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No. 481: ガーフィールド

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Permanent URL: https://mezzacotta.net/garfield/?comic=481

Strip by: David Morgan-Mar

ジョン: 始めまして。僕は漫画家のジョン アーバックルです。こいつは僕の猫ガーフィールドです。
ガーフィールド: やぁ、猫のガーフィールドだぜ!奴は俺の漫画家、ジョンだよ。
ジョン: 僕たちは読者を楽しませる事だけを考えています。
ガーフィールド: 何か食わせろ・・・

The author writes:

Although this was my idea, I used the help of the Japanese language club at my work. Translation was a group effort by: Kevin Moore, Motoko Kono, Stuart Perry, Jumpei Ashida, and George Politis.

There were several issues to consider in converting the first Garfield strip to Japanese. I wanted to copy the manga format as closely as possible, while sticking with the original artwork, thus forming a sort of dual with Manga Garfield.

That meant flipping the comic right to left, so the text would be read from right to left. This raised the question of whether to (a) flip the entire image, so that each frame is mirror-imaged, or (b) rearrange the order of the frames without mirroring them. After some consultation with Stuart, I realised that right-to-left reading also implies that speech bubbles are ordered from right to left. Since Jon and Garfield both speak in the last panel, this necessitated that Garfield appear to the left of Jon. In fact, Stuart supplied an incisive analysis, pointing out that by far the most common arrangement of Jon and Garfield is to have Jon on the left and Garfield on the right side of the panel, since this facilitates dialogue in which Garfield gets the last word. He then went on to conclude that if Garfield had been written in Japanese originally, it would show a strong preference for Garfield to be on the left and Jon on the right. Realising this, it was an easy decision to flip the entire strip to make it so.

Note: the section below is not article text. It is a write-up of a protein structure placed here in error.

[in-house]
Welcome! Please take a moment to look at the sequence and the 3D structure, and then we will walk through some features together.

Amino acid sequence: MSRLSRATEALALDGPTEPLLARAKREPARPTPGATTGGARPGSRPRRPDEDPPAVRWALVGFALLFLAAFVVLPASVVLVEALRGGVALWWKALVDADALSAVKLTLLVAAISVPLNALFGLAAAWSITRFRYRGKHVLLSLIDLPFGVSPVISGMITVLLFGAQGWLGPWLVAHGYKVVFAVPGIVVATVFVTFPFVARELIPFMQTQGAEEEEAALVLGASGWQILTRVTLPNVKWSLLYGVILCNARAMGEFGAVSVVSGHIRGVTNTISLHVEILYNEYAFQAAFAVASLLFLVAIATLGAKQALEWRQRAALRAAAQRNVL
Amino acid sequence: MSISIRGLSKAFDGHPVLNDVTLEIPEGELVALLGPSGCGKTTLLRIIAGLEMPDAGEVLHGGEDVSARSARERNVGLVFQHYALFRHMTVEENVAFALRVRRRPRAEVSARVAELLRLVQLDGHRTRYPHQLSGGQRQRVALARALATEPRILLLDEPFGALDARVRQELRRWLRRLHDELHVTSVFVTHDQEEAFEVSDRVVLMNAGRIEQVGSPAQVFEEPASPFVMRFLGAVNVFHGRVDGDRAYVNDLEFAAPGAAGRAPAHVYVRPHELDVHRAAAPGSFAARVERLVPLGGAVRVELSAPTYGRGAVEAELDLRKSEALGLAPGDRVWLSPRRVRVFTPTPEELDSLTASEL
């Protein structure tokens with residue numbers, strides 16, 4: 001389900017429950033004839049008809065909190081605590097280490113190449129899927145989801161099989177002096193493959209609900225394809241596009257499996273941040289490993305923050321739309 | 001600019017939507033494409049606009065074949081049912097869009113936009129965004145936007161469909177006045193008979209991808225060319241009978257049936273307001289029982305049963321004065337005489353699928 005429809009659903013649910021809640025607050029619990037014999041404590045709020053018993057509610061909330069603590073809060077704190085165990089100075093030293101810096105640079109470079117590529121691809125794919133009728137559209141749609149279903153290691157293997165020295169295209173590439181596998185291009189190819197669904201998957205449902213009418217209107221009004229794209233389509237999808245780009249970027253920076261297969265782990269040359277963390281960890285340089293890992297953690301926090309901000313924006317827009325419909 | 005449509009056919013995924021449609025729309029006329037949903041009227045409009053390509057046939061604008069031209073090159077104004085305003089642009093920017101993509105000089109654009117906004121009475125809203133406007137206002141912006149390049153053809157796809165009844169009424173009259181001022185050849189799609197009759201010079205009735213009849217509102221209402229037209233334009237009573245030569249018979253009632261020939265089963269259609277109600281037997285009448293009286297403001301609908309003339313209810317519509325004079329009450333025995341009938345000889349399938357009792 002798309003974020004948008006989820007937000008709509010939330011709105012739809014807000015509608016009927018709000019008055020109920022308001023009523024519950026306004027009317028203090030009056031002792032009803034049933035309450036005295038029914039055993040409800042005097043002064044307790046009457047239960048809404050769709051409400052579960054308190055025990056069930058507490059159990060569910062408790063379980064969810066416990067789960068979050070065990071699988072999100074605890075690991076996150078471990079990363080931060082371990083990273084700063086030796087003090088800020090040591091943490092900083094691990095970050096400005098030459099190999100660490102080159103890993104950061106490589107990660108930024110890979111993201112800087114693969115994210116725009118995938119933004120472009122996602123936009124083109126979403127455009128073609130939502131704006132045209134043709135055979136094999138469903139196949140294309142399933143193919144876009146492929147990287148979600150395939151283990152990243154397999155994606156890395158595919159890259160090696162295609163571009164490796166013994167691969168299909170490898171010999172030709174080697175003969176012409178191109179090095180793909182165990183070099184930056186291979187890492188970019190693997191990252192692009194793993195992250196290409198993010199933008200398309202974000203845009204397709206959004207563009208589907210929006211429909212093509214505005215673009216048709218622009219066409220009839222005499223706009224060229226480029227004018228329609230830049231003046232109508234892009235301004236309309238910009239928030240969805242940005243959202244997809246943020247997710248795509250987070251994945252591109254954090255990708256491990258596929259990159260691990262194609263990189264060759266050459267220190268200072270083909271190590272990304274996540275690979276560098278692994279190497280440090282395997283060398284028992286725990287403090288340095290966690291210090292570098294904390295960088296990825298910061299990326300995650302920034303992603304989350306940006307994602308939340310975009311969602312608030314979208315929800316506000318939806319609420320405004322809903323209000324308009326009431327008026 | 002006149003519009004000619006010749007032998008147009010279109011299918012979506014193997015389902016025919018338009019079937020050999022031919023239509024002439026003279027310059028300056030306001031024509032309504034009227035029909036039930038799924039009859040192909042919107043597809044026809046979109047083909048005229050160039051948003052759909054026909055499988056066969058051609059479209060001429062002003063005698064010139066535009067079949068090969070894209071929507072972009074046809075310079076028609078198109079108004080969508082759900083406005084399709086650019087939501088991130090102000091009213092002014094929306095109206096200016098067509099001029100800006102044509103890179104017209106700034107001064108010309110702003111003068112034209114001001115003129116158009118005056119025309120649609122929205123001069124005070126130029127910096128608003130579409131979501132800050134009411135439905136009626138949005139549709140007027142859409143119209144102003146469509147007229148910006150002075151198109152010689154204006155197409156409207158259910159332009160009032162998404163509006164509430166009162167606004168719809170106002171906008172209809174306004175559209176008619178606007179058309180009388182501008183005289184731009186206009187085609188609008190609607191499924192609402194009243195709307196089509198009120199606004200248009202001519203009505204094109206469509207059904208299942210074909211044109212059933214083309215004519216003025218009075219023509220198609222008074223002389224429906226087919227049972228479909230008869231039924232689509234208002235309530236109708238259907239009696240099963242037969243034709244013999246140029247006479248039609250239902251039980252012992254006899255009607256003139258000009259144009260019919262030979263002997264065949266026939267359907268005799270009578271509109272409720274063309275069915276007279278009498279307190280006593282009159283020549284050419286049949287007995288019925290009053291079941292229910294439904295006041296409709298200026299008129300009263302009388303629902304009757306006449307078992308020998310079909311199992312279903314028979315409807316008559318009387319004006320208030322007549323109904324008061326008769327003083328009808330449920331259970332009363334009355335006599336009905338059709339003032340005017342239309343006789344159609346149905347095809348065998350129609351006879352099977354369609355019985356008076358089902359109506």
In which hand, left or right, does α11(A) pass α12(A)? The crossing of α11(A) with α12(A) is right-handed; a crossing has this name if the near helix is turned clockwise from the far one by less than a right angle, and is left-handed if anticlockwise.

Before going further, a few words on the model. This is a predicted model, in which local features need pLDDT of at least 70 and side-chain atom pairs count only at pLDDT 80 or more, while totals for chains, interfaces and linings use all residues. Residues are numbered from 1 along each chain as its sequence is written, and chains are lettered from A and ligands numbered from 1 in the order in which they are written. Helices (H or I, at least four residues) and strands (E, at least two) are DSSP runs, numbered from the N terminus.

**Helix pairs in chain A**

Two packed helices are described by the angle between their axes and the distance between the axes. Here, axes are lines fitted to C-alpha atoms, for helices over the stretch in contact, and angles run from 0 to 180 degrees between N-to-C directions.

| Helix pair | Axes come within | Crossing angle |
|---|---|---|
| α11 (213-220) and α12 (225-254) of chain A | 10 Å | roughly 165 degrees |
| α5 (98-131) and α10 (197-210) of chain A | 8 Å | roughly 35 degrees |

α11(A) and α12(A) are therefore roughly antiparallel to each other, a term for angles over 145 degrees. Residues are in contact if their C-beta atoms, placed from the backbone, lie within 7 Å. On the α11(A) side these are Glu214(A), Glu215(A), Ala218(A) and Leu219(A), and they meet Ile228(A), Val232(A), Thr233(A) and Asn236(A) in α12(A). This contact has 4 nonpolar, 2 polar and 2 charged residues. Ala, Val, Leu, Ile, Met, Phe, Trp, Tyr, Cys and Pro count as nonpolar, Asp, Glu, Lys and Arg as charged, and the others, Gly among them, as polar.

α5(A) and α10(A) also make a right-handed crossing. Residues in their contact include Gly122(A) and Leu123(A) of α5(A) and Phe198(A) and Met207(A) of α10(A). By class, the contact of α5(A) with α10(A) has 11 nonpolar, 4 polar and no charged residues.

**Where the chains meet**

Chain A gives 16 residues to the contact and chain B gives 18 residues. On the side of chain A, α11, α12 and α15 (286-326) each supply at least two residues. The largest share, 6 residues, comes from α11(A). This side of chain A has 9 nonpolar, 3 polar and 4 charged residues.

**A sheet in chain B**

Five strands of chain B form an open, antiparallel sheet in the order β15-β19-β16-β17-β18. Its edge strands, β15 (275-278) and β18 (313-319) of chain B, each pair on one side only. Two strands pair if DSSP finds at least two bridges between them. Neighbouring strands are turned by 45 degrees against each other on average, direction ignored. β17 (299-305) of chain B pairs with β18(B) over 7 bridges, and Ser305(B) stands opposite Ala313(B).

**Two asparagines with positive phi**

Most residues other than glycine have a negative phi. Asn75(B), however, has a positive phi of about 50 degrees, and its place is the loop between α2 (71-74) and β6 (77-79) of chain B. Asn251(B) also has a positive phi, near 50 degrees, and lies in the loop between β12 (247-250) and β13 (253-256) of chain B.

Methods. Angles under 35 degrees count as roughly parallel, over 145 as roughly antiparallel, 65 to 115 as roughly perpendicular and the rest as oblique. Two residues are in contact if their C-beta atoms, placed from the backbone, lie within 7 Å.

The next question was whether to write the Japanese text horizontally or vertically. As soon as I learnt that traditional manga uses vertical columns of script, the decision became obvious. Unfortunately this caused problems with the font size and line breaking that had to be made to squeeze the text in. Stuart began quoting me extensive rules on how to line-break Japanese text, but I short-circuited this by simply asking him to mark every place where the text could be broken. The resulting restrictions produced the rather ragged text in Jon's opening speech bubble.

Stuart also supplies a translation note for this comic:

In Japanese there are various levels of politeness, reflected primarily in different verb forms and in a few select words (for example "I", "you" and "he/she"). Although in English Garfield's comment in panel 2 uses virtually the same words as Jon's opening comment, Jon's comment was much easier to translate. He speaks in fairly basic casual, polite Japanese. We decided during translation that this kind of speech would not really suit Garfield. In Japanese it would imply that Garfield was polite and friendly, whereas we imagined him as much more casual and dismissive of Jon. Hence in the translation, Garfield uses different, more colloquial, verbs and refers to Jon in a condescending manner.

Original strip: 1978-06-19.